Following Holmes's consultative examination, non-examining agency consultant Dr. Charles Kenney reviewed her records and opined that Holmes retains the capacity to lift up to 20 pounds occasionally and up to 10 pounds frequently, and can sit, stand, or walk for approximately six hours in an eight-hour workday. (Id. at 99.) He further opined that Holmes could occasionally climb ramps, stairs, ladders, ropes, or scaffolds, balance, stoop, kneel, crouch, and crawl. (Id. at 99-100.)

         On January 21, 2015, another non-examining agency consultant, Dr. Bernard Stevens, reviewed Holmes's records. Dr. Stevens noted that Holmes had not alleged worsening symptoms or limitations at the reconsideration level and affirmed Dr. Kenney's assessment of Holmes's exertional limitations. (Id. at 99, 106, 108.) However, Dr. Stevens assessed less restrictive postural limitations than Dr. Kenney. (Id. at 99-100, 109.) He opined that Holmes would be limited to occasionally climbing ladders, ropes, or scaffolds, and frequent climbing of ramps or stairs, stooping, kneeling, crouching, and crawling. Dr. Stevens found no limitations with regard to balancing. (Id. at 109.)

         Meanwhile, Dr. Husain's 2014 and 2015 treatment records typically show Holmes reporting either low-back pain or hip pain made worse with ambulation and prolonged standing. (Id. at 403-41.) Musculoskeletal findings upon physical examination revealed either low-back tenderness or hip or bilateral hip tenderness. (Id.) Overall, the notes reflect various diagnoses such as low-back pain, hip pain, joint stiffness, pain in the joint involving the lower leg, and pain in the joint involving the pelvic region and thigh. (Id.) In January 2015 Holmes began reporting myalgias and lower extremity pain and tightness, for which Dr. Husain prescribed Flexeril. (Id. at 412-15.) Then in June 2015, Holmes began reporting lower extremity neuropathic pain. (Id. at 423.) The records also reflect prescriptions for a walker and a shower bench for mobility assistance. (Id. at 418, 427.)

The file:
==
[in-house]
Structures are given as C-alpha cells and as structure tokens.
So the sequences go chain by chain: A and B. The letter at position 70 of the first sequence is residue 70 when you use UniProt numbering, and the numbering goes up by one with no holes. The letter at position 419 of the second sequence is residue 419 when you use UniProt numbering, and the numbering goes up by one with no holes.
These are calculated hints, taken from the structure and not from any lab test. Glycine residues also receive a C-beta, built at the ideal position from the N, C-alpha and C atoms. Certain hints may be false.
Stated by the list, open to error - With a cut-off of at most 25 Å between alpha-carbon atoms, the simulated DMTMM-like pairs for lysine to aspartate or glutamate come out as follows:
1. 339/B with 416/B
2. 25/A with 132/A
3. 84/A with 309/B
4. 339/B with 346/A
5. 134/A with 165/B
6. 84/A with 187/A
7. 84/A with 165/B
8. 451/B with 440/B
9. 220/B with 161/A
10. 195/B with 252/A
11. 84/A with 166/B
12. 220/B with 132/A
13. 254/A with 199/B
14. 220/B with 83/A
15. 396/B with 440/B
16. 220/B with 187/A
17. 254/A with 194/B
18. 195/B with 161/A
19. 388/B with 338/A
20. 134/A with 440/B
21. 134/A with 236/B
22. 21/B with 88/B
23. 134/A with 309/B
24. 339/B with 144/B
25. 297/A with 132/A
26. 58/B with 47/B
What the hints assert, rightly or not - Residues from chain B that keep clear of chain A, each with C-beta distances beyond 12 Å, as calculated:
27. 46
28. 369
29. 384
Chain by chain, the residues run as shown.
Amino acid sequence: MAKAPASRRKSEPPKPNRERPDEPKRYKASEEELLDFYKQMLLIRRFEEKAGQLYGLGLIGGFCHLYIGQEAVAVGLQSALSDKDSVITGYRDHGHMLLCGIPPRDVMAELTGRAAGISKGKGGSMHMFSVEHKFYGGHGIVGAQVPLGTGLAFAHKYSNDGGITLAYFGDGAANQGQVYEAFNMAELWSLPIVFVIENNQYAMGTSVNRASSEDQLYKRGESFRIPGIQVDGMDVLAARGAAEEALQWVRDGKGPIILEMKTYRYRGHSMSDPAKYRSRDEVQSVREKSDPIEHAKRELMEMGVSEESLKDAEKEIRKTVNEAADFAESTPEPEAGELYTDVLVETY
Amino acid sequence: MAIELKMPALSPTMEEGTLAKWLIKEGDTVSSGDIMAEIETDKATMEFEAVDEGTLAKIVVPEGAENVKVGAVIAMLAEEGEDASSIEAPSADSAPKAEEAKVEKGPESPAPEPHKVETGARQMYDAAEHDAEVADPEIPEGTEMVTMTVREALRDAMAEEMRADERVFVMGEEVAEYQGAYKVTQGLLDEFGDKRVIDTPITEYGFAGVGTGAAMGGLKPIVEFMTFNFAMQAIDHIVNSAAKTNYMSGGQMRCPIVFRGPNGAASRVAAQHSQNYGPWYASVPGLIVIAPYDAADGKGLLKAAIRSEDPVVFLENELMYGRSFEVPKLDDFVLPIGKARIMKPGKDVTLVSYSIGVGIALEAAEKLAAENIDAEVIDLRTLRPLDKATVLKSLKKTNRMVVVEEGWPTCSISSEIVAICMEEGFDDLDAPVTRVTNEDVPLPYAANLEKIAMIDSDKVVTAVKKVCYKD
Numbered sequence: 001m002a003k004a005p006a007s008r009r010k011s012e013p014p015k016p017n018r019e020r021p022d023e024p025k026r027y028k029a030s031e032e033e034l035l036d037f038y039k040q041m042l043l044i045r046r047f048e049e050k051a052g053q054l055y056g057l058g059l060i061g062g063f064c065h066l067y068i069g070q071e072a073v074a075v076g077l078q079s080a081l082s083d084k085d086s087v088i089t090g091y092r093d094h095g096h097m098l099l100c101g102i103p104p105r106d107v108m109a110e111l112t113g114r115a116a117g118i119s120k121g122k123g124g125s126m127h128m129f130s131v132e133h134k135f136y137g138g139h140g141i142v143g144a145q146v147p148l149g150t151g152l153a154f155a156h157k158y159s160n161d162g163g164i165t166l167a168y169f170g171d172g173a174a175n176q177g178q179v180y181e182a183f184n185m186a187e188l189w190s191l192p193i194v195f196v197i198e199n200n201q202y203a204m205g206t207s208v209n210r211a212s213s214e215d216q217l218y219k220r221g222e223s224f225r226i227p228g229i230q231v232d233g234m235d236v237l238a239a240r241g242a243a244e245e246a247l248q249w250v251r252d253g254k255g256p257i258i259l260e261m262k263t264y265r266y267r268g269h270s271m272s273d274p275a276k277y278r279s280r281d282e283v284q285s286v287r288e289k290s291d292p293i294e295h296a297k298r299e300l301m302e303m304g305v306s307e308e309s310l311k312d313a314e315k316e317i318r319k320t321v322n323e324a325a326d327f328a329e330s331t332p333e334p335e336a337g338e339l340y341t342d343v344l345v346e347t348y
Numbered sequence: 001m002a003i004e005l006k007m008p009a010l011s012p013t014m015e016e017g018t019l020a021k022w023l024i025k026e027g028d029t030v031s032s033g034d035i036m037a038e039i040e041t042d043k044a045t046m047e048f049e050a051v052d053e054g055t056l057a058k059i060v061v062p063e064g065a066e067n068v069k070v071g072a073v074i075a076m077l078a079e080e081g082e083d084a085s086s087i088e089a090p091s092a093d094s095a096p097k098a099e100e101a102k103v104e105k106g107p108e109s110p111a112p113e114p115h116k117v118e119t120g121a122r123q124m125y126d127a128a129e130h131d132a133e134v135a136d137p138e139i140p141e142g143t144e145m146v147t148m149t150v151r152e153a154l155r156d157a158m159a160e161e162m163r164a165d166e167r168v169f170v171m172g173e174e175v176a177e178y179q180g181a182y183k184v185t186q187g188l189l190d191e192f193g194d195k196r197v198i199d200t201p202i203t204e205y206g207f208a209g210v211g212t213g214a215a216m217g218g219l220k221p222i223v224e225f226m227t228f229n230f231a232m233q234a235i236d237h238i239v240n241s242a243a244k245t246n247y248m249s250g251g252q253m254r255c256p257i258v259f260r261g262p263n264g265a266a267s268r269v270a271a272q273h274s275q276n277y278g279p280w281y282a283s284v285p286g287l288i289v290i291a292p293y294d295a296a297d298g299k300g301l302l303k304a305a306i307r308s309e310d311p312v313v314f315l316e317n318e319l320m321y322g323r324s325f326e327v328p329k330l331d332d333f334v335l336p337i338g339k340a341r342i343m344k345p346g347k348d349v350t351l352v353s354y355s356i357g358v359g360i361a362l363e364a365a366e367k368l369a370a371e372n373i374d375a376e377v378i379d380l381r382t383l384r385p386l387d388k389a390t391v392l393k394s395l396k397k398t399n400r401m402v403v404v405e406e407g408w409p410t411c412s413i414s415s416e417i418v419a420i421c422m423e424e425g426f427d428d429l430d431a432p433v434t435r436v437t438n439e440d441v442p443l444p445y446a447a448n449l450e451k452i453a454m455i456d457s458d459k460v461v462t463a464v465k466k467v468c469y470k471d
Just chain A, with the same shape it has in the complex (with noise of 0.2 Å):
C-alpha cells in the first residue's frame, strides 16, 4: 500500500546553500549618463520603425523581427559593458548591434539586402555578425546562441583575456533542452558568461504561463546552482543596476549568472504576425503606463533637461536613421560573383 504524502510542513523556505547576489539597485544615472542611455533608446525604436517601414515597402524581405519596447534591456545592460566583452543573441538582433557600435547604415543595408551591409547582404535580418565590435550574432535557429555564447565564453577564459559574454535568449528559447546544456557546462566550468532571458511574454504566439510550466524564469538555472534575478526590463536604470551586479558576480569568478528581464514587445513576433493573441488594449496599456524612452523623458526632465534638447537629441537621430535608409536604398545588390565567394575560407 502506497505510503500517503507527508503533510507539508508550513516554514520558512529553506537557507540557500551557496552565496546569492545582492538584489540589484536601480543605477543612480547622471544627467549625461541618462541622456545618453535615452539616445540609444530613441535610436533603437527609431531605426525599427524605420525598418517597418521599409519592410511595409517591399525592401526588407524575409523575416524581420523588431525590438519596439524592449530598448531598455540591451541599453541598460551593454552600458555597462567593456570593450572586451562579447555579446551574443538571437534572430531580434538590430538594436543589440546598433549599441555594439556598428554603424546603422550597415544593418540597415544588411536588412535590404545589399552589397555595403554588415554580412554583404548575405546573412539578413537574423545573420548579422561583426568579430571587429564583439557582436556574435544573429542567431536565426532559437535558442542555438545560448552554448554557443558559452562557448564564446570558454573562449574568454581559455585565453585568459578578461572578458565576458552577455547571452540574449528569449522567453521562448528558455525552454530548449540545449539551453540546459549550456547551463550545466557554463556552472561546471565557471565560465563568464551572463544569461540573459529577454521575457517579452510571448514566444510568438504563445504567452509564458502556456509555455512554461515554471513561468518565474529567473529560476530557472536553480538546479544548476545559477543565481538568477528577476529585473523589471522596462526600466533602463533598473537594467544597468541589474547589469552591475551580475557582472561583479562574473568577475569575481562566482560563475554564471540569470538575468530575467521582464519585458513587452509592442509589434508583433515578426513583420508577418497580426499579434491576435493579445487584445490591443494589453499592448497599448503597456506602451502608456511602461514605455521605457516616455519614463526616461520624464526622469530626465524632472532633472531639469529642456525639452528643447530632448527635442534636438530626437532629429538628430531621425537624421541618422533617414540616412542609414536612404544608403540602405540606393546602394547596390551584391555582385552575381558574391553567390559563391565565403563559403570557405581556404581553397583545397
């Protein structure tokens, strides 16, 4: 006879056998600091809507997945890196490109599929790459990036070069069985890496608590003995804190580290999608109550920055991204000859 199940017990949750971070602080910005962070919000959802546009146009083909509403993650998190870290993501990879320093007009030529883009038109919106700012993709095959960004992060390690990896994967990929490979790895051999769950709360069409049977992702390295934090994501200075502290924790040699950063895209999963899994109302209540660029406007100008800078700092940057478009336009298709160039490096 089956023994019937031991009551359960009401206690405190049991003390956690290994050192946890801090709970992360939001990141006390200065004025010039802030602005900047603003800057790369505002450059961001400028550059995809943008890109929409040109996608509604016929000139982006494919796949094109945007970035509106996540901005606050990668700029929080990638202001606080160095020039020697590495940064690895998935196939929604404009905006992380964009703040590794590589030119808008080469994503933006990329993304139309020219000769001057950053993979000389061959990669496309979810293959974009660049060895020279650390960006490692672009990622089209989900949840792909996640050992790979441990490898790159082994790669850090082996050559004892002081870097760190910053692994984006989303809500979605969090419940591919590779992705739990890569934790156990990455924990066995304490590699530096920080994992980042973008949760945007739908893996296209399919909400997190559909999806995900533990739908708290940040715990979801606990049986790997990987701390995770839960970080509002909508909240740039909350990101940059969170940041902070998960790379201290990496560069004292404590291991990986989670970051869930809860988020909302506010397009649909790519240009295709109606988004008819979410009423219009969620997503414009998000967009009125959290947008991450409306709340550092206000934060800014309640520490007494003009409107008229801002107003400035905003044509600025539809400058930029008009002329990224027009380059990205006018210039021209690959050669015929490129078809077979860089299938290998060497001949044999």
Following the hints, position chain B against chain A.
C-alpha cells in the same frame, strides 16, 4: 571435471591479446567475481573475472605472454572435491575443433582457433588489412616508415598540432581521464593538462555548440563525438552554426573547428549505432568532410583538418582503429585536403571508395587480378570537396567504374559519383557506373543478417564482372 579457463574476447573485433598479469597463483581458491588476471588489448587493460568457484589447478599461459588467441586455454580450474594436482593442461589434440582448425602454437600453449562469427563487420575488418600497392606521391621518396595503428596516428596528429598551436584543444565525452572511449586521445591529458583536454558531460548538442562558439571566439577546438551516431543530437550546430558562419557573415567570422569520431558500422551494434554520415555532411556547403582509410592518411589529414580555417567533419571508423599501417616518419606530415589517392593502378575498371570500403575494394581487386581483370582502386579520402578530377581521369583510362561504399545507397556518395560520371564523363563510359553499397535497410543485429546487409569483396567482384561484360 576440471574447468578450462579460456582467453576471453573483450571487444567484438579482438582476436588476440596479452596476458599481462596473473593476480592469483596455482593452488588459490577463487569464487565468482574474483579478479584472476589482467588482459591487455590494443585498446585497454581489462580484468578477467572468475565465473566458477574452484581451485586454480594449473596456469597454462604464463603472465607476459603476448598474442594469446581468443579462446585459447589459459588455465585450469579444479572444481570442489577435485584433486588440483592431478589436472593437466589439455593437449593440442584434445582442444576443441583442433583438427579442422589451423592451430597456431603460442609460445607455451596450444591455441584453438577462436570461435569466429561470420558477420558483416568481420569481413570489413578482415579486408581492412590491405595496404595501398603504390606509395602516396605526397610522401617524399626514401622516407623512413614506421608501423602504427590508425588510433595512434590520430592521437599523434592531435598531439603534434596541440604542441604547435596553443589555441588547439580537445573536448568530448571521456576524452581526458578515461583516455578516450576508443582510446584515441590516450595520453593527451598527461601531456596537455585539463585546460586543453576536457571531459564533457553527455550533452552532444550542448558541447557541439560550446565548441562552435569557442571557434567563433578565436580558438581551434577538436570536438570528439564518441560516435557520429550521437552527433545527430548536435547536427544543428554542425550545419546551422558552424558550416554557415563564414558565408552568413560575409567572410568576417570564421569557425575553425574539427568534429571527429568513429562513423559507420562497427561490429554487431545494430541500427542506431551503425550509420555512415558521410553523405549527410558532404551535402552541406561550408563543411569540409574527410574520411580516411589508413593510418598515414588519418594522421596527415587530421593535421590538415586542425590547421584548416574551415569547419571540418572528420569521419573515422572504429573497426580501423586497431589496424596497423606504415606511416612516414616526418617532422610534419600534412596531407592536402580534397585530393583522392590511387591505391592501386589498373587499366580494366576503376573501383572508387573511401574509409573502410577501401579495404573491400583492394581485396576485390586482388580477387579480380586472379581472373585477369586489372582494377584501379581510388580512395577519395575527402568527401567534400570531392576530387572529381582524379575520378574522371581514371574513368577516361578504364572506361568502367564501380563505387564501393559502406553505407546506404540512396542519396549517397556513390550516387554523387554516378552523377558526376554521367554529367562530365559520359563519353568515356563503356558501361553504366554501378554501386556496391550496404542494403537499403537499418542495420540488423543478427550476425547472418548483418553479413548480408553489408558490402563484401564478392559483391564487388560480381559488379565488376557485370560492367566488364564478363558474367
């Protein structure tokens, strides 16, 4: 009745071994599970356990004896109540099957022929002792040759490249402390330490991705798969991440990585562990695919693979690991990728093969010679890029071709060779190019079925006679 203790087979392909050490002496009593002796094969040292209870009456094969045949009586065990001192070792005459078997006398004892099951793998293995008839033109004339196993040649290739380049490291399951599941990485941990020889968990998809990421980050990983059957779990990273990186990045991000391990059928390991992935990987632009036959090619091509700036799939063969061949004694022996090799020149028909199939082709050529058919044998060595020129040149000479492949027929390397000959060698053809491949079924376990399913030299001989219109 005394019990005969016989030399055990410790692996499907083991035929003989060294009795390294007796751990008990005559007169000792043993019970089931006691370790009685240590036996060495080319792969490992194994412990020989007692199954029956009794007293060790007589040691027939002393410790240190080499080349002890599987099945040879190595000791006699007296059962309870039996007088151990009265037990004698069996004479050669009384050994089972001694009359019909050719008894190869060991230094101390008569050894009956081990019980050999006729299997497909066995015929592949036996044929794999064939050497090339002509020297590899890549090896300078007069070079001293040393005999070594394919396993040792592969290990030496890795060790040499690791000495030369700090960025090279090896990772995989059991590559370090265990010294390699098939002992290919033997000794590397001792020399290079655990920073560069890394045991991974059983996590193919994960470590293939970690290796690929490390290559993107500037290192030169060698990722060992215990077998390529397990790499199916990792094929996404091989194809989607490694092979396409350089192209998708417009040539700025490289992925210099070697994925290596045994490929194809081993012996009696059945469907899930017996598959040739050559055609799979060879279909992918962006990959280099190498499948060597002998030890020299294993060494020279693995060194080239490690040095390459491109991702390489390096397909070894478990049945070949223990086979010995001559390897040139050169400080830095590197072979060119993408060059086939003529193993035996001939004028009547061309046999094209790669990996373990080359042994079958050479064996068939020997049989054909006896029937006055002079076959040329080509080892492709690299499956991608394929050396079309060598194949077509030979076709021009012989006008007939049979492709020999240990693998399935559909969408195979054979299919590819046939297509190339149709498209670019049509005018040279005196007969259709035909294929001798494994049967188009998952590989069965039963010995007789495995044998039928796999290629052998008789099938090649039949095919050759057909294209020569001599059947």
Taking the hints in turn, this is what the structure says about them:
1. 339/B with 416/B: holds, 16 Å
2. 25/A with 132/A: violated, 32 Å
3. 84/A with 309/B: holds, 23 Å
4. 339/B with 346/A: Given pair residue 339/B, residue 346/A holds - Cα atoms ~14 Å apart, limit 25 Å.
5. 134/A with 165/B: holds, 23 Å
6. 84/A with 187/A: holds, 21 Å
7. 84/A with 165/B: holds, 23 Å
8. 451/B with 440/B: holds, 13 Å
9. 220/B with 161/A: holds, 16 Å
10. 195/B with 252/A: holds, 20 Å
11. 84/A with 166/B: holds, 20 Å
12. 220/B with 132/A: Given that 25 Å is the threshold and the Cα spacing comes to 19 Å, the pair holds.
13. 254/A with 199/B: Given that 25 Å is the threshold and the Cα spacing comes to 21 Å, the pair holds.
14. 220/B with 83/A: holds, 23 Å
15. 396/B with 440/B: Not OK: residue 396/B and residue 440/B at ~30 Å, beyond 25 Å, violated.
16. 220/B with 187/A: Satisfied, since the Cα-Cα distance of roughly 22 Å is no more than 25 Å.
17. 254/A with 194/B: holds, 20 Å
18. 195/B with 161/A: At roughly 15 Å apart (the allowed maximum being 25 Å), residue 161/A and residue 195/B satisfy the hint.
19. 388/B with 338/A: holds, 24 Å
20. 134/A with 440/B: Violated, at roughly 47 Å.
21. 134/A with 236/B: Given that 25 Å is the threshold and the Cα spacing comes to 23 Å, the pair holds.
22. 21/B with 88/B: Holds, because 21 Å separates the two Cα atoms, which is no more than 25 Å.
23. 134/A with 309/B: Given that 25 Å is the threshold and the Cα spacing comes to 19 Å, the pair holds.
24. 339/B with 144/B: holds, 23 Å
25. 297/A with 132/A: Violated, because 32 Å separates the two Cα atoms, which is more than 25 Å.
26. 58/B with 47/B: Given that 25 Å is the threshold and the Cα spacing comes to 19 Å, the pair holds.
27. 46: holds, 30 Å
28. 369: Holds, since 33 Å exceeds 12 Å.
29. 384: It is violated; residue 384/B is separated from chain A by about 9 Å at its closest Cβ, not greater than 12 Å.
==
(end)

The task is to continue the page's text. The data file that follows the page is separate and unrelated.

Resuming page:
In May 2015 Holmes reported to Dr. Husain that she had been “feeling more depressed recently.” (Id. at 421.) Dr. Husain noted that Holmes cried during the interview but that she had not followed up with a previous psychiatric referral. (Id.) Dr. Husain assessed depression and provided a new referral to a psychiatrist. (Id. at 421-22.)

         On September 1, 2015, Dr. Husain completed a physical Medical Source Statement. (Id. at 366-71.) He noted diagnoses of degenerative arthritis, hip pain, and depression. (Id. at 366.) He indicated a satisfactory prognosis and reported that treatment had consisted of physical therapy and oral pain medication. (Id.) He noted, among other things, Holmes's bilateral hip pain, borderline diabetes mellitus, lower back tenderness, and bilateral hip tenderness. (Id.) Dr. Husain opined that Holmes's pain, symptoms, or medication side effects are frequently severe enough to interfere with her attention and concentration, and that she is incapable of tolerating even low-stress jobs. (Id. at 367.) He further opined that Holmes's symptoms prevent her from maintaining the persistence and pace to engage in competitive employment. (Id.) He indicated that she is incapable of functioning on a part-time basis, and that her symptoms have a moderate impact on her ability to perform activities of daily living. (Id. at 368.)

         According to Dr. Husain, in an eight-hour day Holmes could sit, stand, and walk less than two hours each. (Id. at 371.) He wrote that she would have to shift positions from sitting to standing or walking every 30 minutes, (id. at 370), but that she could sit continuously for 60 minutes, (id. at 369). Further, Holmes would need to elevate her legs or feet to 90 degrees. (Id. at 370.) According to Dr. Husain, if Holmes had a sedentary job her legs should be elevated 100% of the workday. (Id.) He also opined that Holmes requires the use of an assistive device and is unable to ambulate effectively ...